Solar Power

Global Solar Intensity Potential Map

Solar intensity (insolation) by region via: altE

Solar is inevitable not because of carbon, but because it is the most effective way to reach the un-electrified poor.”                          – Jigar Shah, Carbon War Room

According to data from the U.S. National Renewable Energy Laboratory, enough sunlight falls on the earth to generate 177 million gigawatt-hours of electricity a year using current solar technologies (assuming 50% development of available land). That is about 10 times the amount of electricity used by the entirety of human civilization in one year. What’s more, there is an explosion of innovation taking place in the solar technology sector that could double or even triple the output of a typical solar installations, making solar power significantly cheaper than coal and gas-fired power plants.

Solar power offers numerous advantages over other methods of power generation (source: NRDC):

  • It relies on a free fuel — sunlight.  No mining or drilling and it is infinitely renewable.
  • Unlike conventional fossil fuel and nuclear power, solar power produces no pollution or CO2 emissions.
  • With no moving parts, solar panels are silent, easy to operate and rarely need maintenance.
  • Solar power can slash utility bills for both residential and commercial consumers.
  • PV’s strengthen the electrical grid, helping utilities avoid blackouts during peak daylight times.
  • Solar manufacturing is a booming industry, offering recession-proof employment opportunities.

There are three types of solar power generation — Photovoltaic (PV), Concentrated Solar Power (CSP) and Solar Thermal — which have a variety of applications.

Solar Photovoltaics

Solar PV Panel

Creative Commons: Mike Baker, 2009

The best known form of solar power generation, Solar PV panels convert sunlight directly into electricity. Most photovoltaic cells are made primarily of silicon, the material used in computer semiconductor chips, and arranged on rectangular panels. When sunlight hits a cell, the energy knocks electrons free of their atoms, allowing them to flow through the material. The resulting DC (direct current) electricity is then sent to a power inverter for conversion to AC (alternating current). Thin film PV is much less efficient at converting photons to electricity but is far cheaper to manufacture and, with the advent of translucent films, can be integrated into building window systems. Germany has become one of the biggest consumers of solar PV electricity and is projecting 25% solar power generation by 2050.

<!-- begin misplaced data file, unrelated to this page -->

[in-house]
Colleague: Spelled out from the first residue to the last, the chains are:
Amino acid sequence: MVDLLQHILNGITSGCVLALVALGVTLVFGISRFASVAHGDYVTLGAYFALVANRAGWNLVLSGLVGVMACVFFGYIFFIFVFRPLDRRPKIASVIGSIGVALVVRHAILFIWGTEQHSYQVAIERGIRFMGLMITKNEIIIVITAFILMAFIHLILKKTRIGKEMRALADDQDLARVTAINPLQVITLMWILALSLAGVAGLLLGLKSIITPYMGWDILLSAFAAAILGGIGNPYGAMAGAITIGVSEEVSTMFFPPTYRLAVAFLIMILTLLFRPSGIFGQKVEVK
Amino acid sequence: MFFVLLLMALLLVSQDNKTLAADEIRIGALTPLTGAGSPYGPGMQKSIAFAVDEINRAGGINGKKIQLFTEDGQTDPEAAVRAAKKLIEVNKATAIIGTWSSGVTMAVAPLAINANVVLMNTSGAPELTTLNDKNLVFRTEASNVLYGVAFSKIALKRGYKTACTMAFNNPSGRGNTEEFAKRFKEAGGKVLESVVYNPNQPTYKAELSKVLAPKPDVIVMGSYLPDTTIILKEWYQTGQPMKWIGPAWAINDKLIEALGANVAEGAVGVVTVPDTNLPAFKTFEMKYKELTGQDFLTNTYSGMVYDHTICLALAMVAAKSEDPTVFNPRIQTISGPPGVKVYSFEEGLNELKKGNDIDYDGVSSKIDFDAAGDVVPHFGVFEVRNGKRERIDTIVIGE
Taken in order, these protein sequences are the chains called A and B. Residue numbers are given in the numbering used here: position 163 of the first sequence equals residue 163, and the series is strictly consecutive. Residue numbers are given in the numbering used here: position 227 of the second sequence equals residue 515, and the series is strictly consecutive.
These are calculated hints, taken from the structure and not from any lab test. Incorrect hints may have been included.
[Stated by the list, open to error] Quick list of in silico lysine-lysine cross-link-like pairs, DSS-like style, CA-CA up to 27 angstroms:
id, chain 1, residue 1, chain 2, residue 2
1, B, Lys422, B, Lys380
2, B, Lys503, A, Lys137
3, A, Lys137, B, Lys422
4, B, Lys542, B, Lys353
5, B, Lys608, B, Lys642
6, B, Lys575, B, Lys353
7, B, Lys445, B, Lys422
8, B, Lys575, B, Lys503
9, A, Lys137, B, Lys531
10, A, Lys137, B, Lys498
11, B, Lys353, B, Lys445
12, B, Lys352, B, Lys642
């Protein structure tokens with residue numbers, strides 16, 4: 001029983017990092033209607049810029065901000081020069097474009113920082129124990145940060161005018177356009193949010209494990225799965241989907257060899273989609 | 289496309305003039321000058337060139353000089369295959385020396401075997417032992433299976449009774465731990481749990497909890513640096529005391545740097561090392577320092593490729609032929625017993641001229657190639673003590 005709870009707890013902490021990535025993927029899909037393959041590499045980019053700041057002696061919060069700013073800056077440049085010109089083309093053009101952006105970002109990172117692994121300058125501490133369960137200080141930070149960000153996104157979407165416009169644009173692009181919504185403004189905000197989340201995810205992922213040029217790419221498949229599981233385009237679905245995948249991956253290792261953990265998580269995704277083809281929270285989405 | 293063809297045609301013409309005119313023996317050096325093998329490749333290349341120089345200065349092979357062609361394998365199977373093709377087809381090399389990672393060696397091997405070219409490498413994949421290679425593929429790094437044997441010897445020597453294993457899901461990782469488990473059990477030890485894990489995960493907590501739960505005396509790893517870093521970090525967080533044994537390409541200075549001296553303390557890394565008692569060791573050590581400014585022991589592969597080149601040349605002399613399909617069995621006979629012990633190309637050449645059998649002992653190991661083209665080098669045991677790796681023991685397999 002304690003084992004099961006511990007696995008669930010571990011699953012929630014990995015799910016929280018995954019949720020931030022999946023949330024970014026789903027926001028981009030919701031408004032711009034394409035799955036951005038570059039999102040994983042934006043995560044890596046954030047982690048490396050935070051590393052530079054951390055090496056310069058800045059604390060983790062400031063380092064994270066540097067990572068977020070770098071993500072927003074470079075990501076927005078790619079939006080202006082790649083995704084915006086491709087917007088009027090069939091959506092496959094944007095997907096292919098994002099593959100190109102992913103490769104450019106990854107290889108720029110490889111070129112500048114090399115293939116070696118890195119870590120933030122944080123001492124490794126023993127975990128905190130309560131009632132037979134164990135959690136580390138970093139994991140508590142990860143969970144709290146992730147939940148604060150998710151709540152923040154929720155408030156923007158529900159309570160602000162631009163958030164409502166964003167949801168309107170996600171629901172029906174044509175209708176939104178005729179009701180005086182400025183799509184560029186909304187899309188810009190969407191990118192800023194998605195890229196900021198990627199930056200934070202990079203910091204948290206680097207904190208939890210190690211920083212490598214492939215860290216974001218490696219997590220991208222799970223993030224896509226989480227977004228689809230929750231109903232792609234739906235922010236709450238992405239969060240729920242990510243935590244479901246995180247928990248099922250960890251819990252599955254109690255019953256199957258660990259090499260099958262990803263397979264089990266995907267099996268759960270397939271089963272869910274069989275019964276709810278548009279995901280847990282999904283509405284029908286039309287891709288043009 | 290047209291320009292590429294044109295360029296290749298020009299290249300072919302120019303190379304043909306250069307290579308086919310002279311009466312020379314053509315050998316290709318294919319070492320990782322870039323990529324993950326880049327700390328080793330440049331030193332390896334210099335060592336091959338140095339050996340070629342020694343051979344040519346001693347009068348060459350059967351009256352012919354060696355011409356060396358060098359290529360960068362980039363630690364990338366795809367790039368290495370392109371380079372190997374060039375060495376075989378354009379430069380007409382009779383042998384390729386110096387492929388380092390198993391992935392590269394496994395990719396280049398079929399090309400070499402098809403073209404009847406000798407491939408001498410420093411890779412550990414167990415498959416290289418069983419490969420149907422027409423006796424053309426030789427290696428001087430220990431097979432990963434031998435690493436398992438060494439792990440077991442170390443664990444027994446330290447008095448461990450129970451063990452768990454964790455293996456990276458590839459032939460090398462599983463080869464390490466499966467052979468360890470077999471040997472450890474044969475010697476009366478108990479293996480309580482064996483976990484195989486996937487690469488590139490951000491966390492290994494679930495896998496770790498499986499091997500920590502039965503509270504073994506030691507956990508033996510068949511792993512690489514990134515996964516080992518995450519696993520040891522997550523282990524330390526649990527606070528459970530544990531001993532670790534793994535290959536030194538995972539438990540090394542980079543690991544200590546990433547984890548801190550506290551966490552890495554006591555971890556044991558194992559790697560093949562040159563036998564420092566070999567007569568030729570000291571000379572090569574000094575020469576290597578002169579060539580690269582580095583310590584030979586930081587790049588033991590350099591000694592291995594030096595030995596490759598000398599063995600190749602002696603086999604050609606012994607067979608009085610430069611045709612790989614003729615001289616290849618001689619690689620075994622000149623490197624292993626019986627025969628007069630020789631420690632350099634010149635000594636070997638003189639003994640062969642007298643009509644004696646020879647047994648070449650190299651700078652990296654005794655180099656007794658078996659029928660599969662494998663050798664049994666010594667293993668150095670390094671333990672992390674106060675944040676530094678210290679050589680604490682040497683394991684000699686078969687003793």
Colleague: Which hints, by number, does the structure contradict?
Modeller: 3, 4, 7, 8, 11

Concentrated Solar Power

Solar CSP

Creative Commons: Siemens

CSP is an industrial-scale technology for producing electricity by using mirrors — usually arranged in a series of long, parabolic troughs, a large round dish, or a circle surrounding a “power tower” — to focus the sun’s reflected rays on a heat-collecting element. The concentrated sunlight heats water or a heat-transferring fluid such as molten salt to generate steam, which is then used conventionally to spin turbines and generate electricity. Investments in CSP have grown dramatically as many see the potential for “grid parity” — solar power that is as cheap or cheaper than coal-fired power generation.

Solar Thermal

Solar Thermal Collectors

Creative Commons: Ra Boe

Solar Thermal Collectors collect the sun’s heat through heat-absorbing panels and a series of attached circulation tubes, replacing the natural gas or oil fuels typically used for residential and commercial hot water heating. Some wall-mounted systems collect heat and radiate (or blow) the heat into the building, again offsetting traditional fossil fuels for use in space heating. Space heating and water accounts for more than 50% of all residential and commercial energy use, so the application of inexpensive solar heating systems can greatly reduce our reliance on fossil fuels.


Despite the many advantages of solar power, countries like the United States have been slower to adopt the technology. With some of the best solar resources in the world, the U.S. is in danger of missing one of the greatest opportunities in history to become a leader in the clean energy revolution: